Study links bee decline to cell phones
June 30, 2010 9:32 a.m. EDT
- Study on effects of mobile phones on bees shows decline in population
- Bees populations in UK and U.S. in decline due to colony collapse disorder
- Parasitic mites, agricultural pesticides and climate change all already implicated in decline
Bee populations dropped 17 percent in the UK last year, according to the British Bee Association, and nearly 30 percent in the United States says the U.S. Department of Agriculture.
Parasitic mites called varroa, agricultural pesticides and the effects of climate change have all been implicated in what has been dubbed "colony collapse disorder" (CCD).
But researchers in India believe cell phones could also be to blame for some of the losses.
In a study at Panjab University in Chandigarh, northern India, researchers fitted cell phones to a hive and powered them up for two fifteen-minute periods each day.
After three months, they found the bees stopped producing honey, egg production by the queen bee halved, and the size of the hive dramatically reduced.
It's not just the honey that will be lost if populations plummet further. Bees are estimated to pollinate 90 commercial crops worldwide. Their economic value in the UK is estimated to be $290 million per year and around $12 billion in the U.S.
Andrew Goldsworthy, a biologist from the UK's Imperial College, London, has studied the biological effects of electromagnetic fields. He thinks it's possible bees could be affected by cell phone radiation.
The reason, Goldsworthy says, could hinge on a pigment in bees called cryptochrome.
"Animals, including insects, use cryptochrome for navigation," Goldsworthy told CNN.
"They use it to sense the direction of the earth's magnetic field and their ability to do this is compromised by radiation from [cell] phones and their base stations. So basically bees do not find their way back to the hive."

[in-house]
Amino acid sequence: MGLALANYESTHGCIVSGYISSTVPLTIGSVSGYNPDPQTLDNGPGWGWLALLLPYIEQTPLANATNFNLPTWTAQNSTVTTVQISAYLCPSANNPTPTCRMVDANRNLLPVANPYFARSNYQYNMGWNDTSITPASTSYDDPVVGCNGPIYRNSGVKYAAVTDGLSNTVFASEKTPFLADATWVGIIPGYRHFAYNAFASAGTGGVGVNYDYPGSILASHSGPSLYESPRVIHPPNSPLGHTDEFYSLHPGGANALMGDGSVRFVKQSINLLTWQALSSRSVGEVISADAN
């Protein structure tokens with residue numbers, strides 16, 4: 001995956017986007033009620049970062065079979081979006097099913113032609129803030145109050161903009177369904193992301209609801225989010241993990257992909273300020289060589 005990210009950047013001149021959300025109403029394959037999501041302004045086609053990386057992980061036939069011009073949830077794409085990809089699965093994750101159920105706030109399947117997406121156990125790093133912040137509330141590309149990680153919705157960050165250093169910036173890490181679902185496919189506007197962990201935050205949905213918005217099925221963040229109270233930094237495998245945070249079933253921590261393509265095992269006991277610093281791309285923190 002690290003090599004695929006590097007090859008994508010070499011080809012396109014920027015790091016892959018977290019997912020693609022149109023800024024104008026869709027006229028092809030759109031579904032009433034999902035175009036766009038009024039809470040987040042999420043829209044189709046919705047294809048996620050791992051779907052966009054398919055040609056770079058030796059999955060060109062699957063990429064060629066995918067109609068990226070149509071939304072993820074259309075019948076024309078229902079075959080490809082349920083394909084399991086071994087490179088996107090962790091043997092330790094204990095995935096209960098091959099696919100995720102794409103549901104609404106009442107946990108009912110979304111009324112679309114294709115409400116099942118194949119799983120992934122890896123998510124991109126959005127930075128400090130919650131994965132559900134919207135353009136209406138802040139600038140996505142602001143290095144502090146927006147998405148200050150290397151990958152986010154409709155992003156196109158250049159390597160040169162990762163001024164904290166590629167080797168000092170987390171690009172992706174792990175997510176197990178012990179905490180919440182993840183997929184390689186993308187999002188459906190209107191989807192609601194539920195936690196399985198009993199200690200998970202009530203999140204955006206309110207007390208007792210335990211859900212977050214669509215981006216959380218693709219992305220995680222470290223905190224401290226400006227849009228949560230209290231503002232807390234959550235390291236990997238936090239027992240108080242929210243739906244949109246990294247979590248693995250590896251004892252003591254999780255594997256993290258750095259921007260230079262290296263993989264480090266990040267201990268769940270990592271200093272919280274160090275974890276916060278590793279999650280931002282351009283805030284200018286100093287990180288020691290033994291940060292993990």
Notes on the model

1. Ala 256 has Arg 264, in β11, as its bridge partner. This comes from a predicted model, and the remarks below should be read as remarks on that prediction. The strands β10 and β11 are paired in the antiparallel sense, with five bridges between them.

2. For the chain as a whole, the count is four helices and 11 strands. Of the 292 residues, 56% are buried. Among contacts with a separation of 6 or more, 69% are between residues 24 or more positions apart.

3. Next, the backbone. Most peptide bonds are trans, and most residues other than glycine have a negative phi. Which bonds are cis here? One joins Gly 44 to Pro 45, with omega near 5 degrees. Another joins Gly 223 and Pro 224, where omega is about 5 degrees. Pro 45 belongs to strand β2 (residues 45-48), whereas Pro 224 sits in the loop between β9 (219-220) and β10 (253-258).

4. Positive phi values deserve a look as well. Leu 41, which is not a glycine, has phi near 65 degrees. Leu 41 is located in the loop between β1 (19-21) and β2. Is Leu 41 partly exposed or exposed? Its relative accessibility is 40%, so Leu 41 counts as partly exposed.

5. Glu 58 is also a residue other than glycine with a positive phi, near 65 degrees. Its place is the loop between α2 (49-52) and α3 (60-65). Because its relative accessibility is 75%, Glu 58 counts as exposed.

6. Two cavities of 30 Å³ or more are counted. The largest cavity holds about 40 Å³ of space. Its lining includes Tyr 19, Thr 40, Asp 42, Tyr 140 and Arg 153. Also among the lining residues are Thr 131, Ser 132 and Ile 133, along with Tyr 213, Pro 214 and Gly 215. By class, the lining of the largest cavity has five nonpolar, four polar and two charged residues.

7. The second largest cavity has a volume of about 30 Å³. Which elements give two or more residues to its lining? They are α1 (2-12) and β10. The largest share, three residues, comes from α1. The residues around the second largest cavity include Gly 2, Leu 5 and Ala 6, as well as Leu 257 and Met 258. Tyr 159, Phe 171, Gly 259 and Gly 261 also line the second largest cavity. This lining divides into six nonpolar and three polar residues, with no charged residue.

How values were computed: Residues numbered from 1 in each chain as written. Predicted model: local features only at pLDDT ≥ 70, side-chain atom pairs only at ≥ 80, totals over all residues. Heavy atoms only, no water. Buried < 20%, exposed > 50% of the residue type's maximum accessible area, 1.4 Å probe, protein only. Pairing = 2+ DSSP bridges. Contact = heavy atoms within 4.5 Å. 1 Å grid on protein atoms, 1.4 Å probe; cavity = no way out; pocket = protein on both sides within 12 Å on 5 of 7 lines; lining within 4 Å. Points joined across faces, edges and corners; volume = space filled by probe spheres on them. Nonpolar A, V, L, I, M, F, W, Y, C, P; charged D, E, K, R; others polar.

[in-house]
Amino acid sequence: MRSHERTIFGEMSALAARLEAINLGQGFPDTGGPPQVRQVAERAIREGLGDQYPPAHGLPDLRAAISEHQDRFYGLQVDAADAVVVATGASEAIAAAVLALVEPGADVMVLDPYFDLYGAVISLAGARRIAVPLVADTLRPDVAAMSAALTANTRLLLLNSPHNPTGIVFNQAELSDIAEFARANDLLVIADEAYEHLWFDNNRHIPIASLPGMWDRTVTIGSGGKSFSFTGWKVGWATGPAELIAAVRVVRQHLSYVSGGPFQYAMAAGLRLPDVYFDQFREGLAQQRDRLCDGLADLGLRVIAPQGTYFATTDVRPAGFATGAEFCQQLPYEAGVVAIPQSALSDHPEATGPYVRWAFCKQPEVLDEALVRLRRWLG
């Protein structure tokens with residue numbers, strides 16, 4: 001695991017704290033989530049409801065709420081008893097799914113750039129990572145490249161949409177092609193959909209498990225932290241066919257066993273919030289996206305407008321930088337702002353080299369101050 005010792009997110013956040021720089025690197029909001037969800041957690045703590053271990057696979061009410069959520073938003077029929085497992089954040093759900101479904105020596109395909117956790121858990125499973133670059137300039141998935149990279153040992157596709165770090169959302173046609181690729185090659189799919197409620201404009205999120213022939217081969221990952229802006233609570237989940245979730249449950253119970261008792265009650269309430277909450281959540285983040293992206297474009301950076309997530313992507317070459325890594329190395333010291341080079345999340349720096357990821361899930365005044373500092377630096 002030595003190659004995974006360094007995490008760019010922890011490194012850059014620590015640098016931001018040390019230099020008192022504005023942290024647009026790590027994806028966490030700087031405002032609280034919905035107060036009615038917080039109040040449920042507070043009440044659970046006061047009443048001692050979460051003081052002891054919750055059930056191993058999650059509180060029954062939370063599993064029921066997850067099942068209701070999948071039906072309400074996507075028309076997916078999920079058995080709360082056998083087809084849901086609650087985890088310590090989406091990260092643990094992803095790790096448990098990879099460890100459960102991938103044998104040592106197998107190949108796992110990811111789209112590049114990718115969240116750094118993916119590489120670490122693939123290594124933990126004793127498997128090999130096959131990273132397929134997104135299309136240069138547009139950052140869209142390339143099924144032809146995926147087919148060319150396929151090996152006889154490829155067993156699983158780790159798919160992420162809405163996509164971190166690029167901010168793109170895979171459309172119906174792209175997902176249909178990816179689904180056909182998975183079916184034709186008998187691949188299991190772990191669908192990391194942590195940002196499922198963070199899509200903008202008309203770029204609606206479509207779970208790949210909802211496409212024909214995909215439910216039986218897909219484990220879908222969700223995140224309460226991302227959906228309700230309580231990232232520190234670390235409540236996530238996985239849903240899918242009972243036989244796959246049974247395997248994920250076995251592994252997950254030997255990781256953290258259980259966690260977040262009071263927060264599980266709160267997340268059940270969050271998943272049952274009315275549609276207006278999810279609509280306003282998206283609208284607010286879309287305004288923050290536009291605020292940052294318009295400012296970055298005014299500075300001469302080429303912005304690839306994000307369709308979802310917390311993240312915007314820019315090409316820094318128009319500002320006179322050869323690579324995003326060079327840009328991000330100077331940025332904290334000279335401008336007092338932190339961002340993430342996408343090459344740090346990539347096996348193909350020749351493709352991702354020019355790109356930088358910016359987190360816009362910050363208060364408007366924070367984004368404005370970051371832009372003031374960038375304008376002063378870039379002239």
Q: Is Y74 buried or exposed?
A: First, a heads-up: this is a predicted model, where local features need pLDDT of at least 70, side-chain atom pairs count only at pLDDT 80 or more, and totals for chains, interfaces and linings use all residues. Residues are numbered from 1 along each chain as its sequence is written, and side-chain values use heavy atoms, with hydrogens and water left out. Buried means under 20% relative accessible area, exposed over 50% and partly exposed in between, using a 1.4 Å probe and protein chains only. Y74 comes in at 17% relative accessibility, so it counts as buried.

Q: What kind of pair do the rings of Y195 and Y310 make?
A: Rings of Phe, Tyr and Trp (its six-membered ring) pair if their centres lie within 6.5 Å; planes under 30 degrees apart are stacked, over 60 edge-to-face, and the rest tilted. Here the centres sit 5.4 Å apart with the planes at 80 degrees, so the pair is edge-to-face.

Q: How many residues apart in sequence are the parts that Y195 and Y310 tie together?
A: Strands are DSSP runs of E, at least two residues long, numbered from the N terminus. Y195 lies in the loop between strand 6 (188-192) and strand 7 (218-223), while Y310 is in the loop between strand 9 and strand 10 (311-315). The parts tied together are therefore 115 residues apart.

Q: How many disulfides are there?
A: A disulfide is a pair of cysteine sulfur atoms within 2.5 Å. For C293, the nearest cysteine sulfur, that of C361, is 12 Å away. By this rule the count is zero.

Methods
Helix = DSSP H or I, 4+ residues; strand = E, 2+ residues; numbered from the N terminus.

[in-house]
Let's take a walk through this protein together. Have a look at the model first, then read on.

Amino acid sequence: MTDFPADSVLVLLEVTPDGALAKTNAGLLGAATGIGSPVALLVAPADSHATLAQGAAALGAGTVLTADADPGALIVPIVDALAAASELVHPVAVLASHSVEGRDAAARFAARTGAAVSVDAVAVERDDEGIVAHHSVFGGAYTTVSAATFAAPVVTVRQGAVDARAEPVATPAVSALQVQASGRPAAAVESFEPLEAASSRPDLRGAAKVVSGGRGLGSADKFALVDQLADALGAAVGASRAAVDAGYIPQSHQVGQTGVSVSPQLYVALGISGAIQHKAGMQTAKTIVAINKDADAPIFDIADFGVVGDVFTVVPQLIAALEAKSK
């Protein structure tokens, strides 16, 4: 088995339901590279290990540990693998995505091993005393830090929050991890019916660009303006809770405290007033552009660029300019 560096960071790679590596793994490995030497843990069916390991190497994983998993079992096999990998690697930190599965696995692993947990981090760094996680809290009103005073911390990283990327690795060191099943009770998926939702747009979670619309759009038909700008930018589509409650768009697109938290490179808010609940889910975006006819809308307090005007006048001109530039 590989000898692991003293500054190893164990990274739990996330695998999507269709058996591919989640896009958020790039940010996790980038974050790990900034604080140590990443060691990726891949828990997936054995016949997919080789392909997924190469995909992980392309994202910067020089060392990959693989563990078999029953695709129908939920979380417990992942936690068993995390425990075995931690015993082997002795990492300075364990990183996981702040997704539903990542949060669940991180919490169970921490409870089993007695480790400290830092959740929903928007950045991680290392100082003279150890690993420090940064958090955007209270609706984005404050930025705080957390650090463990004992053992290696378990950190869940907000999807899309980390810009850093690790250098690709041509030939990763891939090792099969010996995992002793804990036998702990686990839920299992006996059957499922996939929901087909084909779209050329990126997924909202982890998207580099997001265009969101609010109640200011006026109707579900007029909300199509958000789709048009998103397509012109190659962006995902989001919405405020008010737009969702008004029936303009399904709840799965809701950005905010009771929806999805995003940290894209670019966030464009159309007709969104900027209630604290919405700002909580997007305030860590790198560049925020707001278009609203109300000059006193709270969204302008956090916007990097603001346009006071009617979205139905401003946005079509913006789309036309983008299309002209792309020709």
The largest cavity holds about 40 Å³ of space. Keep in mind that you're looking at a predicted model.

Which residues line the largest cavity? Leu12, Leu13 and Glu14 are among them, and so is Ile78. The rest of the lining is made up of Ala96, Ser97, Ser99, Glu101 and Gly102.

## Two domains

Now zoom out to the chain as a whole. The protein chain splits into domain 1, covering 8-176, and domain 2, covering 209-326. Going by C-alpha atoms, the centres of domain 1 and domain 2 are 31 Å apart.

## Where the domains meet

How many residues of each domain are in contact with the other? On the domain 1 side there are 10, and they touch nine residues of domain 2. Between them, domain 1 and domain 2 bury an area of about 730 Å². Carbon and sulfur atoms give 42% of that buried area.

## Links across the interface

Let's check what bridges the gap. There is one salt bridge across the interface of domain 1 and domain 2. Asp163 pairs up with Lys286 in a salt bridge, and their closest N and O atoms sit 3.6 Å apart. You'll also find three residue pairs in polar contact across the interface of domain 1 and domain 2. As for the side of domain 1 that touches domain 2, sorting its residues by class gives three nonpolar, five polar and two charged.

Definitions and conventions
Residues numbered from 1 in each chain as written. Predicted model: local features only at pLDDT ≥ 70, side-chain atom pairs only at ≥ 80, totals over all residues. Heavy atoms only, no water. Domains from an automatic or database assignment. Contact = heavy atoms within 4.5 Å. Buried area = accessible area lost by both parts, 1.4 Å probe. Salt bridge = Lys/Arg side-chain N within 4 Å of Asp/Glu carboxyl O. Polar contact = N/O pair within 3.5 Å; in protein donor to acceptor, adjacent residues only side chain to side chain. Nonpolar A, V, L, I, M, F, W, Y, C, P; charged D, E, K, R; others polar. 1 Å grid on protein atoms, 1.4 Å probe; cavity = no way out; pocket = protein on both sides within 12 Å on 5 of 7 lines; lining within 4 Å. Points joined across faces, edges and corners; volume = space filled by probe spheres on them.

Goldsworthy has written to the UK communications regulator OFCOM suggesting a change of phone frequencies would stop the bees being confused.
"It's possible to modify the signal coming from the [cell] phones and the base station in such a way that it doesn't produce the frequencies that disturb the cryptochrome molecules," Goldsworthy said.
"So they could do this without the signal losing its ability to transmit information."
But the UK's Mobile Operators Association -- which represents the UK's five mobile network operators -- told CNN: "Research scientists have already considered possible factors involved in CCD and have identified the areas for research into the causes of CCD which do not include exposure to radio waves."
Norman Carreck, Scientific director of the International Bee research Association at the UK's University of Sussex says it's still not clear how much radio waves affect bees.
"We know they are sensitive to magnetic fields. What we don't know is what use they actually make of them. And no one has yet demonstrated that honey bees use the earth's magnetic field when navigating," Carreck said.